What do you think? What is most valuable to you?  

Sunday, July 8, 2012

Superstar Shiraz Tasting

The most reputable wines are generally not entered into wine shows. It is therefore not often that one finds an opportunity to compare the best wines of a kind in a tasting. This post reports from such a tasting. It compared leading current release Shiraz wines from the different Australian regions plus the Rhone. The wines were

- Auguste Clape Cornas 2008
- Clonakilla Shiraz Viognier 2010
-Giaconda Estate Shiraz 2010
-Bests Thompson Family Shiraz 2010
-Brokenwood Graveyard Shiraz 2009
-Wolf Blass Platinum Shiraz 2008
-Gaelic Cemetery Vineyard Shiraz 2008
-Henschke Hill of Grace 2006
-Penfolds Grange 2007

Generally speaking, in such a line-up, the point is not to identify good and not so good wines, but to identify how the styles differ. In fact, two wines did not quite deliver, but more interesting was the wide spectrum which Shiraz can express. The order of the wines was supposed to reflect the increasing weight of the wine.

The Auguste Clape Cornas is from the most southern area of the Northern Rhone, i.e. the warmest area which delivers pure or near pure Shiraz in the Rhone region. Auguste Clape is one of the most highly regarded producers. As is nearly always the case, French wines do not come out too well in comparative tastings with Australian wines, as their fruit concentration simply does not match the Australian wines. However, this wine shows complex raspberry and cherry flavours and spice. It has a dry finish - an excellent food wine (94 points).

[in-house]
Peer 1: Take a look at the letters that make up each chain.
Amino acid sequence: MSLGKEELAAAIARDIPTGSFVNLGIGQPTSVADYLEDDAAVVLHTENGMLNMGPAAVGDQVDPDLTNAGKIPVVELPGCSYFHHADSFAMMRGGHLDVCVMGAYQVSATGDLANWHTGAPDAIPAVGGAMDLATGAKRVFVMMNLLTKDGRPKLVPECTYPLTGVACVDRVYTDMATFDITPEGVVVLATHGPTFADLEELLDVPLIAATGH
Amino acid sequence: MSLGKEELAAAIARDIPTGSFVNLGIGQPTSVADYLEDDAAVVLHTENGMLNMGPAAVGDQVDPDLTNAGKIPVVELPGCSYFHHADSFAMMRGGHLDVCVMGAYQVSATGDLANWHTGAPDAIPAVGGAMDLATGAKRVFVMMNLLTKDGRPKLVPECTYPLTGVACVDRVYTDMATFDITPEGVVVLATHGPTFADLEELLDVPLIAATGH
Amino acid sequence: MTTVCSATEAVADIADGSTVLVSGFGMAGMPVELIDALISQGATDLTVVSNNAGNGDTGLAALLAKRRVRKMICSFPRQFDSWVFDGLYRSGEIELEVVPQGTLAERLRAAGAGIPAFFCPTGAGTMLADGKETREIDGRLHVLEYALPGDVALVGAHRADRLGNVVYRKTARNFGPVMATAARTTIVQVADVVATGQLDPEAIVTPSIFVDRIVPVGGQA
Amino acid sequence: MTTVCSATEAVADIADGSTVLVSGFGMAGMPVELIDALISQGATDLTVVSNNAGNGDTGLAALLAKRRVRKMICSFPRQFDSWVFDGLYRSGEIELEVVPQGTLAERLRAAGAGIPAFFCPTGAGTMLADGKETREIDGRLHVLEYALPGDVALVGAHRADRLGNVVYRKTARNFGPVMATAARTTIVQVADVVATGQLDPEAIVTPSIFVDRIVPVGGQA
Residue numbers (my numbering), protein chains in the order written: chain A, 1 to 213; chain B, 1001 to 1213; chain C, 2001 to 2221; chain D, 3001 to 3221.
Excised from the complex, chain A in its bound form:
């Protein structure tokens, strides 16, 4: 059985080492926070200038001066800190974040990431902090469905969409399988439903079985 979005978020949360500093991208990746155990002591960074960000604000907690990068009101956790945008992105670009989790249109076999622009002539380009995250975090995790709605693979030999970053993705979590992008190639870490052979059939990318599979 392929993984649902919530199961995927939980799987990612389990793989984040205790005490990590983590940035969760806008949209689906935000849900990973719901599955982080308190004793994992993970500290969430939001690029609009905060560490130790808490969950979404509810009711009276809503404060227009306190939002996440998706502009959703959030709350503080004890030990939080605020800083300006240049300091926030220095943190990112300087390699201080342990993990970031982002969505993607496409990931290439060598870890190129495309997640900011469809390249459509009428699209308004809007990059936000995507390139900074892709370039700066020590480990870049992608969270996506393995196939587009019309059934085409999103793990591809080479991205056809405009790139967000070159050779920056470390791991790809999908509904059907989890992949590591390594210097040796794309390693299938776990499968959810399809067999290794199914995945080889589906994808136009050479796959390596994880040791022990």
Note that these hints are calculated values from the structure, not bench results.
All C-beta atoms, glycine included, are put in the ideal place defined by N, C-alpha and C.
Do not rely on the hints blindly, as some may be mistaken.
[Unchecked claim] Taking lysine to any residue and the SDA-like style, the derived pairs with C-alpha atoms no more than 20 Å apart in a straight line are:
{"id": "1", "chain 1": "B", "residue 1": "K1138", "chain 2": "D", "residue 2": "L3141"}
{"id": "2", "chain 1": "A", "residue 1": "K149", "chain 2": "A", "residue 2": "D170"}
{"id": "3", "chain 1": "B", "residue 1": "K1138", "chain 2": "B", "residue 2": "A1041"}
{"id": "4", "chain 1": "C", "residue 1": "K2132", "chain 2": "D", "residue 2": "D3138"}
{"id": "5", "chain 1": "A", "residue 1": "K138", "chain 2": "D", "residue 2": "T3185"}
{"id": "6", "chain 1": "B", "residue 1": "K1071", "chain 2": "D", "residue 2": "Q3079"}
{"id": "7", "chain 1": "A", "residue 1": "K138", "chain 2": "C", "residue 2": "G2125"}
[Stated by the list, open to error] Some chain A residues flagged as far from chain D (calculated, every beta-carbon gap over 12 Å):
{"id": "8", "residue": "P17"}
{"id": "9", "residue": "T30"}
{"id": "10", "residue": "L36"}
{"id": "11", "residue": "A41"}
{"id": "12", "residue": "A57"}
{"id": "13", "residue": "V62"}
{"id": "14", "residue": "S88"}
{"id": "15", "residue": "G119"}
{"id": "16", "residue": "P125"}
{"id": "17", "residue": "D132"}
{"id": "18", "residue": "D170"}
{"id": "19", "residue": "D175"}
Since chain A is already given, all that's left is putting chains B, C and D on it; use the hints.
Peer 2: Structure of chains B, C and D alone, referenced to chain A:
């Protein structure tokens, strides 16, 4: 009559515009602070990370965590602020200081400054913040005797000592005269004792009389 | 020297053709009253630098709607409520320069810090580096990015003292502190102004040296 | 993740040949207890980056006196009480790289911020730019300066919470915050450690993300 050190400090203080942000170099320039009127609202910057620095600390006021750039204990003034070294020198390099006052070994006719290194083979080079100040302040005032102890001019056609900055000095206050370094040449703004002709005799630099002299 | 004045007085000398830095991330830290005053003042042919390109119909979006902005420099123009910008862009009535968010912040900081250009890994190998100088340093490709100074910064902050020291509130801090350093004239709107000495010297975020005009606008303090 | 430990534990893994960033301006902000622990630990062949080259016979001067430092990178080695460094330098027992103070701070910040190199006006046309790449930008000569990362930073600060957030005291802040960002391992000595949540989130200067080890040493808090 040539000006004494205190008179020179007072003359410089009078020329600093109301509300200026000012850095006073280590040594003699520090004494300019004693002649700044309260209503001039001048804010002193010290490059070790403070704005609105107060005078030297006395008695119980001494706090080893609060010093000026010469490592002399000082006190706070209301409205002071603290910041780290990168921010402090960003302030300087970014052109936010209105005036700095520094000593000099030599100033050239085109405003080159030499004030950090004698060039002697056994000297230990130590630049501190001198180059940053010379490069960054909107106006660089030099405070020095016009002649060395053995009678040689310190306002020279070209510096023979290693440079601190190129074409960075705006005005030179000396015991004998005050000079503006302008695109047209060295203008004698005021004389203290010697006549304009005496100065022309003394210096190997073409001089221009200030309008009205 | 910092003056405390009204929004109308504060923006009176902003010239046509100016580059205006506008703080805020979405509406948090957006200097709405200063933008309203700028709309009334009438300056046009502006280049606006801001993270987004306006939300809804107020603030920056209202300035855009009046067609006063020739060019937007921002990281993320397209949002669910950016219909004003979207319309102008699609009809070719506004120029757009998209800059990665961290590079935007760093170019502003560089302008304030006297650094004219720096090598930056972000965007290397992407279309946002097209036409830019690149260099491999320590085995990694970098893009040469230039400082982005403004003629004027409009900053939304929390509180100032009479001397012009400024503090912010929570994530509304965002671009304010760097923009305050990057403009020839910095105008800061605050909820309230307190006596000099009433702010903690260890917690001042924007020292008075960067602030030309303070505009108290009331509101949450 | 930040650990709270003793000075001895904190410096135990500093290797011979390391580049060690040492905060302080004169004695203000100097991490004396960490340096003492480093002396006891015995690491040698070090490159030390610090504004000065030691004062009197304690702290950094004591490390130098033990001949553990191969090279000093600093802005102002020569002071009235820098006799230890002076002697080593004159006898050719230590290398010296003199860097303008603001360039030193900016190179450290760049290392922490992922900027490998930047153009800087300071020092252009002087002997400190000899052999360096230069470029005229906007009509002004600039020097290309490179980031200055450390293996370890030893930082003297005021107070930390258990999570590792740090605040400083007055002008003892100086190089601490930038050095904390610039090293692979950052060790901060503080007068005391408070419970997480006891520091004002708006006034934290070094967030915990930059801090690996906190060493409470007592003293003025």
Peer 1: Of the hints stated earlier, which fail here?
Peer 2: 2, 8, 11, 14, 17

The Viognier component is very noticeable in the 2010 Clonakilla. The wine has a similar fruit profile to the French wine, but is more fragrant, with a lifted finish (94 points).

The Giaconda Shiraz is not from the Warner vineyard, but the Estate vineyard next to the winery. Kitzbrunner believes that this vineyard will ultimately deliver the better wine. I do not think this is happening yet. I found this wine disappointing and lacking in mouthfeel. It is a darker wine, tasting of blackberry and spice, but not much intensity. The finish is dry and not very long (92 points).